Thursday, November 22, 2007

Keeping In Touch With Old Friends

I just remembered I'm supposed to send in the update for my annual nursing class newsletter by this Saturday. We cleverly (or not so) named it the NUSletter (for Nursing Undergrad Society).

If I remember correctly – and I may be completely wrong -- the idea was borne out of one of our last class get-togethers when we were waxing nostalgic and wondering if we'd ever see each other again. We decided a yearly newsletter would be a terrific idea -- we could all send brief letters telling our classmates what we'd been up to for the year. We chose October 31 (Halloween) as the yearly submission date, figuring it was an easy date to remember. One of our most dedicated and organized classmates (Sue) volunteered to be the recipient and compiler. We got her address, dutifully gave her our addresses and promised to update her with address changes. So it began.

Back in the early seventies, we sent typewritten (preferably) letters to Sue. She then took all the letters and re-typed them into one document, made copies and mailed them out to everyone. The logisitics were worked out as we went along - self-addressed envelopes, donations for postage and stationery. Thinking back on it, it was an enormous amount of work and I think Sue was the only one who could have pulled it off.

It wasn't until years later, when most people had computers and email accounts, that the procedure was streamlined (a bit). With the advent of email, those of us with computers sent Sue our yearly news in text or Word documents. She then cut and pasted most of the newsletter from whatever people sent her. It made for interesting reading because almost everyone used different fonts, type-sizes and formatting.

Over the years, people moved, had children, changed jobs, moved again. We lost track of a few from the group – some quite early on. Some members drifted in and out, submitting something one year, then not the next. I'm guilty of the latter. Some years, I'd send a letter, others I didn't. There didn't seem enough of interest to write about. At least nothing I thought to be read-worthy. How many times can you say, D is in grade 4 now (grade 5, grade 6, grade 7, etc.) and listing activities and job changes without it sounding like some of those dreaded Christmas form letters? But maybe it didn't really matter because I enjoyed reading news from others, no matter how much the same from year to year.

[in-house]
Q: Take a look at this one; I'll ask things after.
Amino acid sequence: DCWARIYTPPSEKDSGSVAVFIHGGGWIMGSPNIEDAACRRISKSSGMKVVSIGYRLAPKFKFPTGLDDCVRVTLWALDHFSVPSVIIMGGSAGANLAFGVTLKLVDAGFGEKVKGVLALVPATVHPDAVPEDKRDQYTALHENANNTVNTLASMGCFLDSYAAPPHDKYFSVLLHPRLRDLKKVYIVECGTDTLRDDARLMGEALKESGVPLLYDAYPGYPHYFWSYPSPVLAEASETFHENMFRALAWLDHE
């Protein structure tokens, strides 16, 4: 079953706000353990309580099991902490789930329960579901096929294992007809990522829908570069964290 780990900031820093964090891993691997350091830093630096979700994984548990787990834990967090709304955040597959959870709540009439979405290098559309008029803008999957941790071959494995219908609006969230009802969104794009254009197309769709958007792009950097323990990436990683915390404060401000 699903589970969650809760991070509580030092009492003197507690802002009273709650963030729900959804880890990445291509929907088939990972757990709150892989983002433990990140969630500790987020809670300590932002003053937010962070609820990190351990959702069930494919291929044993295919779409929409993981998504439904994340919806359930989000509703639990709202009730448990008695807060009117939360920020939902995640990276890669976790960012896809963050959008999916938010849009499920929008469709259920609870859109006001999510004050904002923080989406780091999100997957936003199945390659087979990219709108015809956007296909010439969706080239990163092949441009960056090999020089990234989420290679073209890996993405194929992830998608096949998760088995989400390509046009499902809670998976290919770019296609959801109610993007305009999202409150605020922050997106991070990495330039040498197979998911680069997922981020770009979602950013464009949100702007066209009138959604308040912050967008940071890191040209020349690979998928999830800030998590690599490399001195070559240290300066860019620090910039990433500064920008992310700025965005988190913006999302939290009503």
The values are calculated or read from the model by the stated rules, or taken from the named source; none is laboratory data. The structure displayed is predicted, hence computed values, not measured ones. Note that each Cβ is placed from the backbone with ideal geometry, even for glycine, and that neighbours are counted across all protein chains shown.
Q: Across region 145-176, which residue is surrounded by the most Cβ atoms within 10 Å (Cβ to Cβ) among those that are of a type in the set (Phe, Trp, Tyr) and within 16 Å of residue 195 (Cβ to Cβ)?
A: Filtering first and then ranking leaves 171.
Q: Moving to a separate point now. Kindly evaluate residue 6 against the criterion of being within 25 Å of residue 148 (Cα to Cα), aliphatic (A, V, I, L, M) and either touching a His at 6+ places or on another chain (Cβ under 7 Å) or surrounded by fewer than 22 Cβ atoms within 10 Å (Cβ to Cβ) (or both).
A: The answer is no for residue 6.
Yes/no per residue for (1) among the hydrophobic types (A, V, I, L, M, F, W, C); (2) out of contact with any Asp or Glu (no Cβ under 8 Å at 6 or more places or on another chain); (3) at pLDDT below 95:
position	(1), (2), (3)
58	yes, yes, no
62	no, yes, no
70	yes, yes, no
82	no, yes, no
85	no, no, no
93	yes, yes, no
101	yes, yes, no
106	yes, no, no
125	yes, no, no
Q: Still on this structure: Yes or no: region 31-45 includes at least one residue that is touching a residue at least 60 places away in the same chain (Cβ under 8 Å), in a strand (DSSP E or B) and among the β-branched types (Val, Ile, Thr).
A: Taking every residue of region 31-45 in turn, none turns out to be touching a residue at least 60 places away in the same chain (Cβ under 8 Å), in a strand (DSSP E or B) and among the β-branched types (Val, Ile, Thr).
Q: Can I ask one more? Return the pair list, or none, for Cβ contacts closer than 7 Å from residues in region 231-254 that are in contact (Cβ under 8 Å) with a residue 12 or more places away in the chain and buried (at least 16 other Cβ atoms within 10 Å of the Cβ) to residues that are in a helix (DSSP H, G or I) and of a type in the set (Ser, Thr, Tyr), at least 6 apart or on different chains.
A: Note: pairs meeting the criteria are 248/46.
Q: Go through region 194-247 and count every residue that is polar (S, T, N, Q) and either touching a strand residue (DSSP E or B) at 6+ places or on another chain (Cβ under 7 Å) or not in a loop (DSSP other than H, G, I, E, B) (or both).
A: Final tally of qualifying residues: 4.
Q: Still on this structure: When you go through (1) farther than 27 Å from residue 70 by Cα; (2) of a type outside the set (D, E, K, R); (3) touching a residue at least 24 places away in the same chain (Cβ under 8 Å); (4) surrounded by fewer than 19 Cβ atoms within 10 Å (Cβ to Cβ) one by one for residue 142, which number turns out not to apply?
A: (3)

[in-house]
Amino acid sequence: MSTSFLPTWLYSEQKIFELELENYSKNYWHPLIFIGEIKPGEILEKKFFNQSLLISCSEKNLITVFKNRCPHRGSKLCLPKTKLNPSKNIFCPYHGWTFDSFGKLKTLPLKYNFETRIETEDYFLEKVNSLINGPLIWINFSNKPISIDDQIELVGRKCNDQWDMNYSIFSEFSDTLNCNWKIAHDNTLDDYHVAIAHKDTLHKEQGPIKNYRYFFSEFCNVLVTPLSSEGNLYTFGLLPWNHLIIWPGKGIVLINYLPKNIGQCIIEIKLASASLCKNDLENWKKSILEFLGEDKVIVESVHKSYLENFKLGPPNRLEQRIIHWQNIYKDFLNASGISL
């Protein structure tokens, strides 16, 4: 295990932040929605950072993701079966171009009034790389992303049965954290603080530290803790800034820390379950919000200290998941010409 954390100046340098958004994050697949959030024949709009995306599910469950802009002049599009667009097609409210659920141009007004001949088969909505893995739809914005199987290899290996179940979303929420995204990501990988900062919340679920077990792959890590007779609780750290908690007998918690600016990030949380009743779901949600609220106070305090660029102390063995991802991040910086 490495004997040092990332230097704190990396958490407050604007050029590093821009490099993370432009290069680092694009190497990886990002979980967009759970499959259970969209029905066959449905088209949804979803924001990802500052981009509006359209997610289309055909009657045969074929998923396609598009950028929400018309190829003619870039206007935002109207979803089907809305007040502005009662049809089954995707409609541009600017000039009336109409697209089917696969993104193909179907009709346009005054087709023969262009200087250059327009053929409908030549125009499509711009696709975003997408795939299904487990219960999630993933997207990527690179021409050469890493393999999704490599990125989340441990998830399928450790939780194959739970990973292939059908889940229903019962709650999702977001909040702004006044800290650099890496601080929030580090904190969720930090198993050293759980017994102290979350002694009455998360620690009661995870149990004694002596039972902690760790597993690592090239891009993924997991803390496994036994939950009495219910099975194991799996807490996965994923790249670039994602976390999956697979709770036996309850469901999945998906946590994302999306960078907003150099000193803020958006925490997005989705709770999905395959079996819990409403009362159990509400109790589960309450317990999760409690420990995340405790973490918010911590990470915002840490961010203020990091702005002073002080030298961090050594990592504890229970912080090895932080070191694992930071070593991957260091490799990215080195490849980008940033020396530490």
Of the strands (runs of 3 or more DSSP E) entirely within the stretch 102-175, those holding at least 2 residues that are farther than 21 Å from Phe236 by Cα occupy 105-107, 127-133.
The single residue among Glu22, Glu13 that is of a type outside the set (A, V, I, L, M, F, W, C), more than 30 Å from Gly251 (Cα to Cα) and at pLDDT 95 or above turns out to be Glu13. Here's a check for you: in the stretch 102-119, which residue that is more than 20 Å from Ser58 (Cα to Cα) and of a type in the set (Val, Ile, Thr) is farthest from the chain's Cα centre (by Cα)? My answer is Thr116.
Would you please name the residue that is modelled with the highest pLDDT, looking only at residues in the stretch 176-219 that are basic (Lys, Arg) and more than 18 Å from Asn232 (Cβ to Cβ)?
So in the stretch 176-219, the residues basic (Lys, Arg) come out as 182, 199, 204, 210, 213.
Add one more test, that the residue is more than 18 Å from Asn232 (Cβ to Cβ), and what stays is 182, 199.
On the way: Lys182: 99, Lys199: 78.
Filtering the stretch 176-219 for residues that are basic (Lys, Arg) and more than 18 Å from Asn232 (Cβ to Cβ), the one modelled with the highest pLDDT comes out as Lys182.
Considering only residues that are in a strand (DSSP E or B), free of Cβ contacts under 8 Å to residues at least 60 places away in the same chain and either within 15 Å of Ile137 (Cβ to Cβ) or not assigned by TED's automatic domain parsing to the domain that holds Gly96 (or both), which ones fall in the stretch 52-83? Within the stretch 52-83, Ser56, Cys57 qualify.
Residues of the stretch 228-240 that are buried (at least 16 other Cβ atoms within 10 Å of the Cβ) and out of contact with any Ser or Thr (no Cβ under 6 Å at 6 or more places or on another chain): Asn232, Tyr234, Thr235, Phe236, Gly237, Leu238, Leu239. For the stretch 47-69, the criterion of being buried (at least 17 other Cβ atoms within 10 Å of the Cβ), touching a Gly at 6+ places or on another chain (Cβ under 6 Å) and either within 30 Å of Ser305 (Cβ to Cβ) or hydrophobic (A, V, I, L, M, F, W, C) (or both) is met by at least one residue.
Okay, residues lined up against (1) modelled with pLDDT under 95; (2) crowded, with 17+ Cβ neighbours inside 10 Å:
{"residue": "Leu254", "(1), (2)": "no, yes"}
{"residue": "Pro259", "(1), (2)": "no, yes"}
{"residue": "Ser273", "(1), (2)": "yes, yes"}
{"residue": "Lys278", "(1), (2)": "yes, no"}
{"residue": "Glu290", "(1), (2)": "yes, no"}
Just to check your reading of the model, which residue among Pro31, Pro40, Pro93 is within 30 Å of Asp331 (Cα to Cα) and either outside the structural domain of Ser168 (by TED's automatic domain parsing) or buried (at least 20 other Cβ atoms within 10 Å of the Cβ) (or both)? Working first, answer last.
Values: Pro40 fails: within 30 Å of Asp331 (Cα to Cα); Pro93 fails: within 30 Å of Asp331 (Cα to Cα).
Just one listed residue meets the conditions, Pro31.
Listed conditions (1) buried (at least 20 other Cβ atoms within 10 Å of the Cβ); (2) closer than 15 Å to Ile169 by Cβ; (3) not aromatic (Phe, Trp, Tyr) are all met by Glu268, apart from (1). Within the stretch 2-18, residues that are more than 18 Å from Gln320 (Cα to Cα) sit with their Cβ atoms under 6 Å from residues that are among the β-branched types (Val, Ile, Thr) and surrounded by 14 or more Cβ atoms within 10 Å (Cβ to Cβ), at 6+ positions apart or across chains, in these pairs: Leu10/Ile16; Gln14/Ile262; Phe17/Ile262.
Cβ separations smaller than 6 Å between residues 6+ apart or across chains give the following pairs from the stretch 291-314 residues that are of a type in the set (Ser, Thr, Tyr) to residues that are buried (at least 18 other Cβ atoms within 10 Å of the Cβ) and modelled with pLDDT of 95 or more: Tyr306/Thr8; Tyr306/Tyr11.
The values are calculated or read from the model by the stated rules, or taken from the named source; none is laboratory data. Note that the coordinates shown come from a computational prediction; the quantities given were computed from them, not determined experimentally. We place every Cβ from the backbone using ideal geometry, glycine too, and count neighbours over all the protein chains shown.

The date for submissions gradually drifted later into the year. It's no longer Halloween and I'm not sure why. Yet, through it all, there has been a core group that always submits something and it's been wonderful following the progression of their lives. Some are retired, others contemplating retirement. In the early years, the news was about young children and parenthood, now it's more about new grandchildren.

But back to this year's newsletter. One of our classmates (Bev) thought it might be easier and more efficient to keep in touch via a private FaceBook group. I think it's a great idea. Bev set up a group, sent out emails to everyone on our mailing list and invited everyone to join. Alas, only a handful have joined. Apparently, many aren't familiar with FaceBook and/or have trouble with the interface. There wasn't enough time to get everyone comfortably onto the site before this year's deadline.

So for this year, at least, we're doing it the old way: attach Word documents to emails for Sue to compile and for her to send back as an attachment. And yes, Sue is still doing the same job. It's hard to believe it's been going on for thirty-odd years.

Well, it's time for me to get busy and write my letter. I look forward to receiving everyone else's news.

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